Toward Rapid-Acting Treatments for OCD

Tuesday, June 13, 2017
Meet the Scientist - Obsessive-Compulsive Disorder

Increasing evidence indicates that glutamate plays a role in Obsessive-Compulsive Disorder (OCD) symptoms. Ketamine, which acts on brain glutamate receptors, has shown remarkable therapeutic effects in OCD; however, patients reported side effects including transient dissociation. The glutamate receptor modulator rapastinel may reduce symptoms of OCD without the dissociative side effects reported by patients treated with ketamine.

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Presented by 
Carolyn Rodriguez, M.D., Ph.D.
Carolyn Rodriguez, M.D., Ph.D.

Associate Dean, Academic Affairs

Associate Chair and Associate Professor, Department of Psychiatry and Behavioral Sciences

Director, Translational OCD Research Program

Stanford University School of Medicine

Scientific Council Member (Joined 2020)

2014, 2009 Young Investigator Grant

Dr. Carolyn Rodriguez is Associate Dean for Academic Affairs, Stanford University School of Medicine, Associate Chair for Inclusion and Diversity in the Department of Psychiatry and Behavioral Sciences at Stanford University, and a Consultation-Liaison Psychiatrist at the Palo Alto Veterans Affairs. As the Director of the Translational Therapeutics Lab and Associate Professor in the Department of Psychiatry and Behavioral Sciences, Dr. Rodriguez leads studies investigating the brain basis of severe mental disorders. Her landmark clinical trials pioneer rapid-acting treatments for illnesses including Obsessive-Compulsive Disorder (OCD) and Posttraumatic Stress Disorder (PTSD). Her NIH-, foundation-, and donor-funded mechanistic and clinical efficacy studies span targeted glutamatergic and opioid pathway pharmacotherapy, noninvasive brain stimulation, and psychotherapy for OCD, PTSD, and hoarding disorder.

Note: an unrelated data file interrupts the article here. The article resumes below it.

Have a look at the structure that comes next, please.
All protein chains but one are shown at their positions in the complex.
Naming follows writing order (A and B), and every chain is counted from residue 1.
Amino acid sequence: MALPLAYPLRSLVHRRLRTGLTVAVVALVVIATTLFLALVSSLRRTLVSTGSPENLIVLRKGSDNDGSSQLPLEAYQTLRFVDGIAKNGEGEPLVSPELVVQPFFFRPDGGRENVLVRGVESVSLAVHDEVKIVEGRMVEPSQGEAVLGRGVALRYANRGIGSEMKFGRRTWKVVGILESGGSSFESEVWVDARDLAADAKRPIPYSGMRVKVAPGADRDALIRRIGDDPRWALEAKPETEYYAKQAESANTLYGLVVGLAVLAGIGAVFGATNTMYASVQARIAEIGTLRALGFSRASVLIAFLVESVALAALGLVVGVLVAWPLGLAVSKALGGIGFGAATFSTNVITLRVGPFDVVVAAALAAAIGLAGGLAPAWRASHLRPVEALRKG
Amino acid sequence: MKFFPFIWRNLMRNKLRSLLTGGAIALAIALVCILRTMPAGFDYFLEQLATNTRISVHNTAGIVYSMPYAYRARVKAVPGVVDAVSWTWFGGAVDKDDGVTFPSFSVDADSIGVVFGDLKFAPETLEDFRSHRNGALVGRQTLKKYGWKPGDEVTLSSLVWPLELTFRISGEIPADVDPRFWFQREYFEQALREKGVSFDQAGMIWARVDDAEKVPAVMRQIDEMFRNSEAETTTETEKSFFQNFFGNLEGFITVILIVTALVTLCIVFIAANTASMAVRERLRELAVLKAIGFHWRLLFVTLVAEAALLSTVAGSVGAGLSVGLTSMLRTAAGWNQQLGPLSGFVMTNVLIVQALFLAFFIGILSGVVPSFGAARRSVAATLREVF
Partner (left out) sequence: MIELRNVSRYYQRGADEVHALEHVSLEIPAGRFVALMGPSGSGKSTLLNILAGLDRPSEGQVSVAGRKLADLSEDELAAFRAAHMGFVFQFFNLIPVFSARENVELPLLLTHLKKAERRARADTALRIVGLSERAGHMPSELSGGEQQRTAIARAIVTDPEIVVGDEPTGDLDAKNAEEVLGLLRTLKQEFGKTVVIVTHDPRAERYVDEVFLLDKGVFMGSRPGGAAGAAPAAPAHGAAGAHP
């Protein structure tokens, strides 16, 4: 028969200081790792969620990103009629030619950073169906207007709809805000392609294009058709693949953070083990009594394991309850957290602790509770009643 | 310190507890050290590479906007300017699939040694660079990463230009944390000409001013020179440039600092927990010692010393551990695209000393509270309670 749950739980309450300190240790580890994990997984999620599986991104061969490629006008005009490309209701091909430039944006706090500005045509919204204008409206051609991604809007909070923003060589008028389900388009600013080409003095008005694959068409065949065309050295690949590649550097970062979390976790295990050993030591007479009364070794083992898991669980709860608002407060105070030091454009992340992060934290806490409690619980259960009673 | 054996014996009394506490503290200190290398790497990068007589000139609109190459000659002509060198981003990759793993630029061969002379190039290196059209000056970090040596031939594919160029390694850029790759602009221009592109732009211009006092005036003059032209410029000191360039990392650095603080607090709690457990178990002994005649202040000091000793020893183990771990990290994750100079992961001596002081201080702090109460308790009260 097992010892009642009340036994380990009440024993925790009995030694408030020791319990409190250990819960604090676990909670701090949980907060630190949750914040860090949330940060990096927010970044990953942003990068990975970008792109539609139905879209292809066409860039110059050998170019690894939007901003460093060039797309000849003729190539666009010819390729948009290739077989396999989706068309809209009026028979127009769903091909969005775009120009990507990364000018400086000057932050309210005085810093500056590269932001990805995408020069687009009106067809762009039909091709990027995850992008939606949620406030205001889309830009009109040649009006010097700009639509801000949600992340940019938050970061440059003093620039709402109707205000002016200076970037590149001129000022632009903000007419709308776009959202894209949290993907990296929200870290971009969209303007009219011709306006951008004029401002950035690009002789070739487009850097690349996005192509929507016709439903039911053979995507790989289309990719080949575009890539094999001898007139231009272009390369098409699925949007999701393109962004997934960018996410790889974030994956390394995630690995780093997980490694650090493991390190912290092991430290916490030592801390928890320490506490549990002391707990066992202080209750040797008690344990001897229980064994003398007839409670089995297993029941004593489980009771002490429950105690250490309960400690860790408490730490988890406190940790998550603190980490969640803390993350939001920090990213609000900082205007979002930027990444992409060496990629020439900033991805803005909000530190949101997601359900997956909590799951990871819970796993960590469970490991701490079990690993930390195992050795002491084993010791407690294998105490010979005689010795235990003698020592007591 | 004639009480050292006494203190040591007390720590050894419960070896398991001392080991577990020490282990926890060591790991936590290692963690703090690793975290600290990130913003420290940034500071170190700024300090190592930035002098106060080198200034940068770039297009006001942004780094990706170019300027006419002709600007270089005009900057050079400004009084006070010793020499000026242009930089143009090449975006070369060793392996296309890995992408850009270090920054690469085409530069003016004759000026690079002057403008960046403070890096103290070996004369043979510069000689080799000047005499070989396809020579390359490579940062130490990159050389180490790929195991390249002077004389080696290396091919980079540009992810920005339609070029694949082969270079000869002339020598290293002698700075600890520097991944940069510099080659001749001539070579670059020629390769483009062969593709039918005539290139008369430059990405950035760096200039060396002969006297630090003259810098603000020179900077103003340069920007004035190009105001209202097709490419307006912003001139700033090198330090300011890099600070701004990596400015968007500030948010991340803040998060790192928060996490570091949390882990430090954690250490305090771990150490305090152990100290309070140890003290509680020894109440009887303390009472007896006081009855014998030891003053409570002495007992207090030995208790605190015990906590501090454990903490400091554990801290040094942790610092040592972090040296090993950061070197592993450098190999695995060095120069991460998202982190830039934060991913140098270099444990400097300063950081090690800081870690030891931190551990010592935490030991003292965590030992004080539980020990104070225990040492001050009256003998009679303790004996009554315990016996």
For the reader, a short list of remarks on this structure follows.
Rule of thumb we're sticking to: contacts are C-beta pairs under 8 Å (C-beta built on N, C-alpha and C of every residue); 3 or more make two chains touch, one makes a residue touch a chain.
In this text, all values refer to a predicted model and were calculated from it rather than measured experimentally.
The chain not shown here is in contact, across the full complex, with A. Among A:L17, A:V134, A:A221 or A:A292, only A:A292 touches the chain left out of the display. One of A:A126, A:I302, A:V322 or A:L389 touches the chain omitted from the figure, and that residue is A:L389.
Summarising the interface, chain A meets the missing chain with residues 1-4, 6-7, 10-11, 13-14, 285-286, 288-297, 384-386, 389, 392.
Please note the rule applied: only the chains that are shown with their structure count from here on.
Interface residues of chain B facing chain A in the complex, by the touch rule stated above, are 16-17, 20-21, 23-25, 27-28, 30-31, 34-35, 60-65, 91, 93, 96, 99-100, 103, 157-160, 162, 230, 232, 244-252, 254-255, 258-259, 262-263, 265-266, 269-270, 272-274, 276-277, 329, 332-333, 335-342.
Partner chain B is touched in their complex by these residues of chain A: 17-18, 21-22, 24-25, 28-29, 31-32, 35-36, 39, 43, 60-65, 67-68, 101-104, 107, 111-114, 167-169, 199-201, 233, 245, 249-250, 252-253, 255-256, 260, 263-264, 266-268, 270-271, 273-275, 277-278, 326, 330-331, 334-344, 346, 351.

Moderated by 
Jeffrey Borenstein, M.D.
Brain & Behavior Research Foundation

President and CEO

Jeffrey Borenstein, M.D., serves as the President & CEO of the Brain & Behavior Research Foundation, the largest private funder of mental health research grants. Dr. Borenstein developed the Emmy Award-nominated public television program “Healthy Minds,” and serves as host of the series. The program, which is broadcast nationwide, focuses on topics in psychiatry in order to educate the public, reduce stigma and offer a message of hope. Dr. Borenstein also serves as Editor-in-Chief of Psychiatric News, the newspaper of the American Psychiatric Association and as an Associate Clinical Professor of Psychiatry at Columbia University College of Physicians and Surgeons.